“A lot of people intrinsically understand that music can be used to impact their mood,” says Elizabeth Mitchell, a registered psychotherapist and accredited music therapist who works at Wilfrid Laurier University in Waterloo, Ont., and Homewood Health Centre in Guelph, Ont. “Music therapy hones in on that and is simply a more intentional process, conducted under the direction of a therapist.”
A session can involve a therapist and a client creating a playlist that is designed for that person’s specific issues. “It may be designed to impact a particular mood, like depression or anxiety,” says Mitchell, adding that she listens to a calming playlist when going to the dentist. “Or maybe it’s for a specific purpose, like to help someone when they’re tempted to use a substance or are struggling to fall asleep at night.”
While we create our own playlists based on taste, music therapists work with their clients to curate lists based on a concept known as the iso-principle. This technique involves the therapist matching music to the current mood and physical state of the client and then presenting new music to incrementally or gradually encourage the desired change. For example, if a client is feeling sad, the playlist may begin with Coldplay’s “Fix You” to express how the client is feeling and finish with Florence + The Machine’s “Dog Days Are Over” to encourage motivation and a feeling of hope.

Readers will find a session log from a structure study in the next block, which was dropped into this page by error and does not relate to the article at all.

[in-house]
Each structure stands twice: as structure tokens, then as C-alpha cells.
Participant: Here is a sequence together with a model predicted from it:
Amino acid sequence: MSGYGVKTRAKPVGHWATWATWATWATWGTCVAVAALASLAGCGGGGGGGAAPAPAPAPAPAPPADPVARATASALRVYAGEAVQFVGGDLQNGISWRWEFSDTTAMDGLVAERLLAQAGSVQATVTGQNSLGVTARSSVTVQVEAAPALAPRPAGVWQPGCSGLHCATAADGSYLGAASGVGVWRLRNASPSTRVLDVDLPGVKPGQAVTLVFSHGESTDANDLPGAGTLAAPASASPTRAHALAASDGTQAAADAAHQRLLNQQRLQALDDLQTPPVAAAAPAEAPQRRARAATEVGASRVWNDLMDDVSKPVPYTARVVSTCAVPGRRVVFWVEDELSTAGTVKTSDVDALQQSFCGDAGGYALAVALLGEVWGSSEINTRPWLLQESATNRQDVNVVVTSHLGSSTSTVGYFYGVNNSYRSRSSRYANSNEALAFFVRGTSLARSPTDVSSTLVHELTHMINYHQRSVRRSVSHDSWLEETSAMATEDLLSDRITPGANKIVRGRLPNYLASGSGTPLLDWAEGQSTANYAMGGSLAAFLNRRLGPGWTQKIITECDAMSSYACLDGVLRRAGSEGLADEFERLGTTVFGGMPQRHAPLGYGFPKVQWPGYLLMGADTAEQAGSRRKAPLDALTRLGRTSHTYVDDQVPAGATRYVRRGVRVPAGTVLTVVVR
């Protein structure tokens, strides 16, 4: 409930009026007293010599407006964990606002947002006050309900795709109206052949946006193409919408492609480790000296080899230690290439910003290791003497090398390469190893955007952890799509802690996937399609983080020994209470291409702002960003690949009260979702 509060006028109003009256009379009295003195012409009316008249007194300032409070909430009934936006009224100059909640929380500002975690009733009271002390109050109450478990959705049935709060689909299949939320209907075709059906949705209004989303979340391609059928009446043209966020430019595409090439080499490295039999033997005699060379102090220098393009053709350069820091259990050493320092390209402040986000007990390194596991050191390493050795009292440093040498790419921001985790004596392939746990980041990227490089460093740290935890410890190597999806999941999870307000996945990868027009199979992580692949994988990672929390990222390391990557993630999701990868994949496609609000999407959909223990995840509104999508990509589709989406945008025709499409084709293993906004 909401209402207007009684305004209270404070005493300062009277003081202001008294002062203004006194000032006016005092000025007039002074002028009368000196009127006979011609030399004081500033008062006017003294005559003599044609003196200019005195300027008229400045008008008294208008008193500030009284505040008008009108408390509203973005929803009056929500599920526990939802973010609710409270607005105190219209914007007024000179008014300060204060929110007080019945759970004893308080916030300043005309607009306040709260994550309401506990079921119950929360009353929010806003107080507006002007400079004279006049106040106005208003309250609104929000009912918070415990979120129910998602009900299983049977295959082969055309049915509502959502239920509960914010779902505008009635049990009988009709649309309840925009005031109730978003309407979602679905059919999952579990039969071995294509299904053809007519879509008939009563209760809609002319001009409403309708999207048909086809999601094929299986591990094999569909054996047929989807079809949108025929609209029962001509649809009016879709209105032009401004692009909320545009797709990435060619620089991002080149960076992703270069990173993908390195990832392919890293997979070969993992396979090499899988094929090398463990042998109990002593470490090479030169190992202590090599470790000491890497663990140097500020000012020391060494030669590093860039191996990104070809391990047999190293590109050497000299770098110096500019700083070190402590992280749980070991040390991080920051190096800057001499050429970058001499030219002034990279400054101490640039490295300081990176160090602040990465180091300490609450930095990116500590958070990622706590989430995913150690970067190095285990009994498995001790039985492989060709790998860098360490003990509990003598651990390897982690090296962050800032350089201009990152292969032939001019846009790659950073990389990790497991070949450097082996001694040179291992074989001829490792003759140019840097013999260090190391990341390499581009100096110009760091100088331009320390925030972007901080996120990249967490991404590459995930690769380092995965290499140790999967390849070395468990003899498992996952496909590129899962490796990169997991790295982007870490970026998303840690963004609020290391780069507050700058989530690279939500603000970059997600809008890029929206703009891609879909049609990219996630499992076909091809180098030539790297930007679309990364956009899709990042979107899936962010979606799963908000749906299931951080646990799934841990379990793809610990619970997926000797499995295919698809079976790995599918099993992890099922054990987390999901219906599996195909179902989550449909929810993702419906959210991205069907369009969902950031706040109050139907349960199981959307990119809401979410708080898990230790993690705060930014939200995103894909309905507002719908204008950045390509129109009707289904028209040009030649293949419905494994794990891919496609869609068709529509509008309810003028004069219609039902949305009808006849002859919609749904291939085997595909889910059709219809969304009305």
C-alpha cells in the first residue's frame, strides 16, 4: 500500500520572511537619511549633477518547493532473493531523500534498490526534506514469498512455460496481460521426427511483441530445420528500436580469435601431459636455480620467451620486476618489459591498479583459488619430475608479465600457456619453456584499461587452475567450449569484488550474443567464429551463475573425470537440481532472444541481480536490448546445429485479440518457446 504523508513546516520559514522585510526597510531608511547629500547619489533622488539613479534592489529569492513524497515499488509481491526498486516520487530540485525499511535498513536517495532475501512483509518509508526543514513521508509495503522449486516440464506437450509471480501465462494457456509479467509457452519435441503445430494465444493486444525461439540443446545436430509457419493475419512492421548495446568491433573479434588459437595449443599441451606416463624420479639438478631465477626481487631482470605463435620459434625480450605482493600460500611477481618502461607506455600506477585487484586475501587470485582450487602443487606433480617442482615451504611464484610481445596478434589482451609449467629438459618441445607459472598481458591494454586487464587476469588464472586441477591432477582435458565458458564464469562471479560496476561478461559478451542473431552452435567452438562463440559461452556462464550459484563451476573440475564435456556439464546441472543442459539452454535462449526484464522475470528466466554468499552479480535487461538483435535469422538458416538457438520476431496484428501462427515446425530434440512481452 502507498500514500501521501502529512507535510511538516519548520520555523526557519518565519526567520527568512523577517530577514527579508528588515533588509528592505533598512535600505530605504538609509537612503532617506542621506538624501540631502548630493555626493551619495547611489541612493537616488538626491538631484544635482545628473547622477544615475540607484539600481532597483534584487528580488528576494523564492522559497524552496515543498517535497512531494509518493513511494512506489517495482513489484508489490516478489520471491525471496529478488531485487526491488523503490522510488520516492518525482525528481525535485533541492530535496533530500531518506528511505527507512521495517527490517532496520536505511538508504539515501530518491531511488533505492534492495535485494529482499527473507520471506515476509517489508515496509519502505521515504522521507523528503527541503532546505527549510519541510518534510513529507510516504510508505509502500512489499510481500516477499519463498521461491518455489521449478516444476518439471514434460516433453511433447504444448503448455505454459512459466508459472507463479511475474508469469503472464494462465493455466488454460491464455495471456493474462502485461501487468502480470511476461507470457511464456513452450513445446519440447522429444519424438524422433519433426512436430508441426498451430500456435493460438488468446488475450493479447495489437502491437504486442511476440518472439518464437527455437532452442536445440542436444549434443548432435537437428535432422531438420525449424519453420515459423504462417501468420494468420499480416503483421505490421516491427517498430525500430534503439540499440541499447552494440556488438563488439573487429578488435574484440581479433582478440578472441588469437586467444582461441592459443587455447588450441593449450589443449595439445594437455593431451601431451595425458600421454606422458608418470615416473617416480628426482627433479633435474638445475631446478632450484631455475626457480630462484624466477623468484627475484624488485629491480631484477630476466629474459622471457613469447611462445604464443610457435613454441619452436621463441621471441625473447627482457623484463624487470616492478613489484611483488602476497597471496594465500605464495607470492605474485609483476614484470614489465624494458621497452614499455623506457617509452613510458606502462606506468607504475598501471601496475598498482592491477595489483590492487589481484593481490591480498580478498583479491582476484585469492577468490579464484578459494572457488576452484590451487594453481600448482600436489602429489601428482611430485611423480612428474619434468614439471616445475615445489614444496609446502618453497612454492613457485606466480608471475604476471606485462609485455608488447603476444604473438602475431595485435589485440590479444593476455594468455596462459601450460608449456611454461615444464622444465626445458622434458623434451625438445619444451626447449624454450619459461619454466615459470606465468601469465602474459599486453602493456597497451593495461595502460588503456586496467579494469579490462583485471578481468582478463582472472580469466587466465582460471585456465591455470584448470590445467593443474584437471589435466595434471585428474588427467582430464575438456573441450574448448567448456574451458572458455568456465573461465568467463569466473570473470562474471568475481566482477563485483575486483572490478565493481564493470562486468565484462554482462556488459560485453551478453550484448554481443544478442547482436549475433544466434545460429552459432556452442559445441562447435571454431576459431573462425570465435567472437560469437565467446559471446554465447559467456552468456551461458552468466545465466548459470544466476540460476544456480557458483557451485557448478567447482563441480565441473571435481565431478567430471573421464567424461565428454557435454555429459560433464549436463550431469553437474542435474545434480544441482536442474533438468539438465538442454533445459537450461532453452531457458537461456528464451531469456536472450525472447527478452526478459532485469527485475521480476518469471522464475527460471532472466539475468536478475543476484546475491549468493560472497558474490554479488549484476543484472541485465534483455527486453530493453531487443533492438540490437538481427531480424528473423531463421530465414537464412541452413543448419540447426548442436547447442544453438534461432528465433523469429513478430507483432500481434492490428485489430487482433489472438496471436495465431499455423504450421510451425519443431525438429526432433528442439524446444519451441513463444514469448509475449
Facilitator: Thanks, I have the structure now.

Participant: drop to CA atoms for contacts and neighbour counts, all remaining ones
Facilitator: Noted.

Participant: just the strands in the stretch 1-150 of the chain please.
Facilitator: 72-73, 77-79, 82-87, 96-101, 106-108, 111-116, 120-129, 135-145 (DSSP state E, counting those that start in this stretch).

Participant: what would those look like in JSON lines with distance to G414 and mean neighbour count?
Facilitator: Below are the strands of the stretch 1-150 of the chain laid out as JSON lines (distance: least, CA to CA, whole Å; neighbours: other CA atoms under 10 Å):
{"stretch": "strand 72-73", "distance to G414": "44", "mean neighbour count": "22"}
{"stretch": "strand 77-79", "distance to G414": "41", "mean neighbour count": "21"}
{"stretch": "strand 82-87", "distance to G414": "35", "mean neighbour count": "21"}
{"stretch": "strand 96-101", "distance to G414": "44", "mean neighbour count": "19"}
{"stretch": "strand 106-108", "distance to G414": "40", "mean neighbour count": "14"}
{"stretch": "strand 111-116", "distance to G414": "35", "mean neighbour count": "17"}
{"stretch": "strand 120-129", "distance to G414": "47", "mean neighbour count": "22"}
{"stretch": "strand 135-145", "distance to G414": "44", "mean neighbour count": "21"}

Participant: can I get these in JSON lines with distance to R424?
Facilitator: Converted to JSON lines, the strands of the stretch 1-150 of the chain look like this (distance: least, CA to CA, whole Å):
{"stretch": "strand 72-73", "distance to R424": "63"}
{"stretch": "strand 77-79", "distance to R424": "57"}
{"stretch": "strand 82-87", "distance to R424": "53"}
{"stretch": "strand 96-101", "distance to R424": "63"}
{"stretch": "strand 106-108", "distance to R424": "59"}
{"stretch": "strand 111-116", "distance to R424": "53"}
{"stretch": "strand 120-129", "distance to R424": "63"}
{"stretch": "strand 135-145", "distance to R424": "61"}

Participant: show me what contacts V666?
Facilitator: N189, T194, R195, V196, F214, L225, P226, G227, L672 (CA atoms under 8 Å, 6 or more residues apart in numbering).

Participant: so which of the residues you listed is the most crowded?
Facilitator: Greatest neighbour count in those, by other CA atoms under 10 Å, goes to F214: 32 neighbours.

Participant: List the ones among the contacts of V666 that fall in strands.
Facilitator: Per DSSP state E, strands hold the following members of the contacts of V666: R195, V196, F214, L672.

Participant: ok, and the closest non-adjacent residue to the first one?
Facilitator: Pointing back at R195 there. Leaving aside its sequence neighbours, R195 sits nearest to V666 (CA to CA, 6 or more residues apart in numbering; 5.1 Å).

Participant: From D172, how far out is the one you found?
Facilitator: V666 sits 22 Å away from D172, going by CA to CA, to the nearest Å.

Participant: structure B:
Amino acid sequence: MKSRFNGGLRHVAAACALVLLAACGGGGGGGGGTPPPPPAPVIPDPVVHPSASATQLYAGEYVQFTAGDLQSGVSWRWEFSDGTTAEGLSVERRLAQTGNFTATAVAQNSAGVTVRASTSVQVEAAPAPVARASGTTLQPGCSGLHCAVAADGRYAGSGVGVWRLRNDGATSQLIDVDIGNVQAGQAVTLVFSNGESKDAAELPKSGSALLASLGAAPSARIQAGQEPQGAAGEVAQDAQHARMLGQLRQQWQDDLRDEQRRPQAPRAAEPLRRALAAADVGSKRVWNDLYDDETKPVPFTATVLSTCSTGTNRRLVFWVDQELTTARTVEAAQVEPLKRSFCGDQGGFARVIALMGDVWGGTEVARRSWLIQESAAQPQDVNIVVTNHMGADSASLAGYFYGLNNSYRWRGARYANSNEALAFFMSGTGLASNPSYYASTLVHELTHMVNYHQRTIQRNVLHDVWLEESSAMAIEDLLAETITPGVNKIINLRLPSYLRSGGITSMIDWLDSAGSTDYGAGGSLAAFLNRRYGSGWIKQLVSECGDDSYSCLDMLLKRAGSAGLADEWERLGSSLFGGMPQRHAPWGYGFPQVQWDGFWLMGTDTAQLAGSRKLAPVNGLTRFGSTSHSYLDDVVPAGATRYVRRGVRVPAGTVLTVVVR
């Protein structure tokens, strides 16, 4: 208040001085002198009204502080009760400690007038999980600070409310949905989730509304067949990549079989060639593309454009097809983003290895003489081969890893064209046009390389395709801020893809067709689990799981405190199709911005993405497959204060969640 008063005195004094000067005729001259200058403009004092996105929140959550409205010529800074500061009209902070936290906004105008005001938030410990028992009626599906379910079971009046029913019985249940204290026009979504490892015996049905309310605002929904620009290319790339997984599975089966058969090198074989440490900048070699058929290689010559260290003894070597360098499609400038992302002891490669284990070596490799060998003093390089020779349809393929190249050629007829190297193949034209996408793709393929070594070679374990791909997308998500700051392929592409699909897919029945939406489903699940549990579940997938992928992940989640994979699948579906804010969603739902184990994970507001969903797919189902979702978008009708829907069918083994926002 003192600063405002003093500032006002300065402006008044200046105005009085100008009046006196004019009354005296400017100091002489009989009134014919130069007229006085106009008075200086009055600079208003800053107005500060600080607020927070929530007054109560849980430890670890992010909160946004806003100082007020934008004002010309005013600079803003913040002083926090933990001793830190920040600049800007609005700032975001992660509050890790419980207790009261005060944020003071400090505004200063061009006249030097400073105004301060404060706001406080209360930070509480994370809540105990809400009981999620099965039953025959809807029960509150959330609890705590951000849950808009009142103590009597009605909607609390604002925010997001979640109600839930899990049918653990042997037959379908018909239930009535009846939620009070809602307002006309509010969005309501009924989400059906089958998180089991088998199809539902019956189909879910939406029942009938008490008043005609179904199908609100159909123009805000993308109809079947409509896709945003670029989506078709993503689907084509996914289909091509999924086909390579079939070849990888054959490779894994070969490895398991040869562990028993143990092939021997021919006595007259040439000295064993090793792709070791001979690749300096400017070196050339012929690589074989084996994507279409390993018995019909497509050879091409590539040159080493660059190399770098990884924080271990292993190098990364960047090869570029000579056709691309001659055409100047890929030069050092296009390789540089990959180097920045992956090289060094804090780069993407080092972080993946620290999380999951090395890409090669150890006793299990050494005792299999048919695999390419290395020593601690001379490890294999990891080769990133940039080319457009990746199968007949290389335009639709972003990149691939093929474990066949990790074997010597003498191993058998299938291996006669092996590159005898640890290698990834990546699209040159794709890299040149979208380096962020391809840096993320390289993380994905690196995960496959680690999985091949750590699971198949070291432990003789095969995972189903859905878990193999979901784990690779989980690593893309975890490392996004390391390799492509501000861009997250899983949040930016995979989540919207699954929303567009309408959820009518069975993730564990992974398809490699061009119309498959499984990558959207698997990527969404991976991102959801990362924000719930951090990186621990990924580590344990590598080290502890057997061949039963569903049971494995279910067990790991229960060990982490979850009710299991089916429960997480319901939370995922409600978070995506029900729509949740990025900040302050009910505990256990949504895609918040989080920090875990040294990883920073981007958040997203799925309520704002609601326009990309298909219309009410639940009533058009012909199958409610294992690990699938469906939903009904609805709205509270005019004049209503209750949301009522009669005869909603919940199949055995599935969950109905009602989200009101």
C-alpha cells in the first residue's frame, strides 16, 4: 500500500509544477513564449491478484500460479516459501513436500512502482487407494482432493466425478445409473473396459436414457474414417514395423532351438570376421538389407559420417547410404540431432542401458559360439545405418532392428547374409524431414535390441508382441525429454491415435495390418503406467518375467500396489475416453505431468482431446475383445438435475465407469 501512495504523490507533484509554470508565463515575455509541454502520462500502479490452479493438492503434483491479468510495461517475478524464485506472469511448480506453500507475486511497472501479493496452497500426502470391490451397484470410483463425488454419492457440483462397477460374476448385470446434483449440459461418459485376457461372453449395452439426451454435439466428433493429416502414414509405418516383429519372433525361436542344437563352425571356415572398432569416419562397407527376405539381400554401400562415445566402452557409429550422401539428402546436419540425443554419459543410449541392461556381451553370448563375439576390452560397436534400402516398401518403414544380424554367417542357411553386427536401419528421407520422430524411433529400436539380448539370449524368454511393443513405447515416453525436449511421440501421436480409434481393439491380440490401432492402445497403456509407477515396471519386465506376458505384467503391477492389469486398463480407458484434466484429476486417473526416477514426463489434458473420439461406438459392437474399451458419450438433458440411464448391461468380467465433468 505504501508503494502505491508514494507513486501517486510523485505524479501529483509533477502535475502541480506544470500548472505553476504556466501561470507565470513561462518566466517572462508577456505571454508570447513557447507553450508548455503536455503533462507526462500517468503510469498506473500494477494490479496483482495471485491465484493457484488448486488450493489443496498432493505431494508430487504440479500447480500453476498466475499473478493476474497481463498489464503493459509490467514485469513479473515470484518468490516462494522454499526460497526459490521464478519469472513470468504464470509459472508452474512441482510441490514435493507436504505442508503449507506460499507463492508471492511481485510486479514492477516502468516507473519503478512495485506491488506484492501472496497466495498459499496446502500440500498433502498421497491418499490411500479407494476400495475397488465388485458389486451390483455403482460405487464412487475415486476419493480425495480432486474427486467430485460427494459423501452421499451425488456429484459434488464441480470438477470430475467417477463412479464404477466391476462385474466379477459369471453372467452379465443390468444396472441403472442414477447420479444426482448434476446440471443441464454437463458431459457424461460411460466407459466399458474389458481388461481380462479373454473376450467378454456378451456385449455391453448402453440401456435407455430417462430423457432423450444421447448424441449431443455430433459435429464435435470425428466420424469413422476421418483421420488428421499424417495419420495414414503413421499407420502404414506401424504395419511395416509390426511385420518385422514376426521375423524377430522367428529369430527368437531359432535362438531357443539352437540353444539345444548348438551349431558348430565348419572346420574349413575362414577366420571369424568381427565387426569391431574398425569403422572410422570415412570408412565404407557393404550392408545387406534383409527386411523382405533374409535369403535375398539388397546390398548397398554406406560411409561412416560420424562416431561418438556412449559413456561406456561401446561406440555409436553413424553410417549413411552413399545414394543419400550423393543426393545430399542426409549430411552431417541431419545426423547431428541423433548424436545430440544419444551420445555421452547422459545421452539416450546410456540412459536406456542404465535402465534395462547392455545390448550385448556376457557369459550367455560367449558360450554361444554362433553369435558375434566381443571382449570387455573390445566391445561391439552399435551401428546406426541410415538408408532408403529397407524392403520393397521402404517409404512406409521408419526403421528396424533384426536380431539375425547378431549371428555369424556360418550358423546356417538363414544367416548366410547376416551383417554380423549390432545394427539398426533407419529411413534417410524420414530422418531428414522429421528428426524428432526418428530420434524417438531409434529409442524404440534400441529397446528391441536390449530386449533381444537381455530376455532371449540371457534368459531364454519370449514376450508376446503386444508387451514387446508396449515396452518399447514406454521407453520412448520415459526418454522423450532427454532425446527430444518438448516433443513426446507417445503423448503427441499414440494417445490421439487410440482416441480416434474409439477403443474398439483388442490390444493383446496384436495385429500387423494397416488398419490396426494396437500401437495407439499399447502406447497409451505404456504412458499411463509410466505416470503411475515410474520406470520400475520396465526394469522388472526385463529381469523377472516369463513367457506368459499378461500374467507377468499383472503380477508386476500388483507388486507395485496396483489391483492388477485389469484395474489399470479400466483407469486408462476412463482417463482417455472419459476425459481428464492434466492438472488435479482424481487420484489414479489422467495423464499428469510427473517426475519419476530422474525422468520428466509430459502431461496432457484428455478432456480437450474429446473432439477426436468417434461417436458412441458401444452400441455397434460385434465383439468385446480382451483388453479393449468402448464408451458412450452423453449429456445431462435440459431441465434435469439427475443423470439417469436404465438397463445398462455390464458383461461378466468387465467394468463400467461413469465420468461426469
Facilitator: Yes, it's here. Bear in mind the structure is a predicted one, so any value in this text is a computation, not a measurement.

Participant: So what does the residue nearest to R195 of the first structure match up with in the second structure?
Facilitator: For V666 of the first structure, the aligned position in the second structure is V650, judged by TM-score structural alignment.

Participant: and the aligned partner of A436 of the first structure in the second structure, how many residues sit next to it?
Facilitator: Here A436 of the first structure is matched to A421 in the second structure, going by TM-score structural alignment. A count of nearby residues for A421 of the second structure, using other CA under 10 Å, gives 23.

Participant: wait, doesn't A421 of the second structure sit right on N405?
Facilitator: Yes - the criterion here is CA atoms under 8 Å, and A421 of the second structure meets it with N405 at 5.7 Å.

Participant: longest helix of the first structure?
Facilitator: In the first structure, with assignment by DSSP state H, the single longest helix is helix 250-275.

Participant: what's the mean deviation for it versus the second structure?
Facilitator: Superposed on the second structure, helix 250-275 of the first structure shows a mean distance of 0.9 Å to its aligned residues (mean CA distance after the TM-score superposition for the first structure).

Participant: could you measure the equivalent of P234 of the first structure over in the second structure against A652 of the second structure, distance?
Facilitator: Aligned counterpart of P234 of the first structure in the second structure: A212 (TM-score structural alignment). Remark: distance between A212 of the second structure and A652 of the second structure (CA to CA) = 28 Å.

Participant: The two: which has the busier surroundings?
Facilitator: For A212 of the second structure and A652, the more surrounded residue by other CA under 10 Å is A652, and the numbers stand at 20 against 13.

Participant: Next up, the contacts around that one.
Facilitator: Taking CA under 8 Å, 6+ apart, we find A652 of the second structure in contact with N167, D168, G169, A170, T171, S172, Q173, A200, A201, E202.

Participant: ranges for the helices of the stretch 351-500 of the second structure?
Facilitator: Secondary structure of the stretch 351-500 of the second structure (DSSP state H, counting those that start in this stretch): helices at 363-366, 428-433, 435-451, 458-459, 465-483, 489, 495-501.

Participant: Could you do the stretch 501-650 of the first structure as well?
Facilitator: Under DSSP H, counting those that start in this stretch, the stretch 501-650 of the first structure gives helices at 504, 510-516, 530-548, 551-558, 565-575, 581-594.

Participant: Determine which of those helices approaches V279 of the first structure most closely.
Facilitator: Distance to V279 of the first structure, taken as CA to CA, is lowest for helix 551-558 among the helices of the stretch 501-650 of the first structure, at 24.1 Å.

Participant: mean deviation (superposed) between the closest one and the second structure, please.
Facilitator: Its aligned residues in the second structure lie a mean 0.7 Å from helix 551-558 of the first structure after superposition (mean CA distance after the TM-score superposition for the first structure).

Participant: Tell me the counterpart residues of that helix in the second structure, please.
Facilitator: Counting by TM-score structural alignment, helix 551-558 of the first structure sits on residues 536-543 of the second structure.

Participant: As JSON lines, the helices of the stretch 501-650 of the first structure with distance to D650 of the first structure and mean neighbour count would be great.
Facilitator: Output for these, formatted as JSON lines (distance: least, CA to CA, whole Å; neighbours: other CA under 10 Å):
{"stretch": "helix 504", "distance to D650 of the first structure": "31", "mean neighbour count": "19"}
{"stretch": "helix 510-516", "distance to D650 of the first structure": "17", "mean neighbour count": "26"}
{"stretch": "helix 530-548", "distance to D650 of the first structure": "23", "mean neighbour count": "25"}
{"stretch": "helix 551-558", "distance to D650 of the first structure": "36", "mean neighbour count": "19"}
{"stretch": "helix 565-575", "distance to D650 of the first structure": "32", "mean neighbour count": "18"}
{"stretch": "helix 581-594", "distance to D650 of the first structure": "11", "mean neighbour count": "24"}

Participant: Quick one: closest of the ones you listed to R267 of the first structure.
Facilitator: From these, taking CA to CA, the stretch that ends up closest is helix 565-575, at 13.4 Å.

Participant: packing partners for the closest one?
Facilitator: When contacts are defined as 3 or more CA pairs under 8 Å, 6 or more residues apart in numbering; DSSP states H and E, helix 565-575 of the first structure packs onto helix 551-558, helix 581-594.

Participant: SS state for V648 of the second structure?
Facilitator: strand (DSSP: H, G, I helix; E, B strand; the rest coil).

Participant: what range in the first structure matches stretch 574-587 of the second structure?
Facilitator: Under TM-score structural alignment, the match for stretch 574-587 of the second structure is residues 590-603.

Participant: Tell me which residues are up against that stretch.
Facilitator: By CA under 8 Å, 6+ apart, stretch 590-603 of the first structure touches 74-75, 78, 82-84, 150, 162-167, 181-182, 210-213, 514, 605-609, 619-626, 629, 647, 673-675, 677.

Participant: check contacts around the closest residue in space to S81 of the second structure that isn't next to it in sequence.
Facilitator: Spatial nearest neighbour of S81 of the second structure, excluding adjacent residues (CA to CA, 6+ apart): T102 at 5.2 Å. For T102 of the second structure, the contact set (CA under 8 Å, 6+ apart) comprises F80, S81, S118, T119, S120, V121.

“If someone’s feeling depressed and they’d like to feel happier or more calm and grounded, sometimes it’s more helpful to start the playlist with a song that validates their sadness,” says Mitchell. “Then you work with the patient to incrementally change their mood by choosing songs that are a bit less sad, a little happier or calmer.”
But music therapy isn’t just about listening to prescribed music, explains Mitchell, adding that the experience is much more interactive. Sessions can involve a therapist and client making improvisational music together on instruments such as a piano, a guitar or a single drum or writing songs. But it goes far beyond a person banging on a drum to express their anger. Andrea Lamont, a registered psychotherapist and certified music therapist who works at Holland Bloorview Kids Rehabilitation Hospital in Toronto, says she uses a variety of instruments, so clients can find a sound that resonates with them, and lets them express their feelings through that instrument. “I then meet and match their sound so it feels like they’re being heard and being recognized,” she says. “Creating music in the moment helps clients feel their emotions and stretches them to intensify or deepen the experience. We always safely bring them back to a place where we’re able to resolve any deeper or bigger emotions before the end of the session.”
For Mitchell, it’s about two people listening to each other, responding and expressing how they’re feeling. “The improvised music often has a lot of parallels to a conversation—it just doesn’t have to contain words,” she explains.
Lamont agrees. “I think there are a lot of timeless qualities to certain music that can really pull people together and make them feel like they’re connected and they’re part of something. We need that, socially.”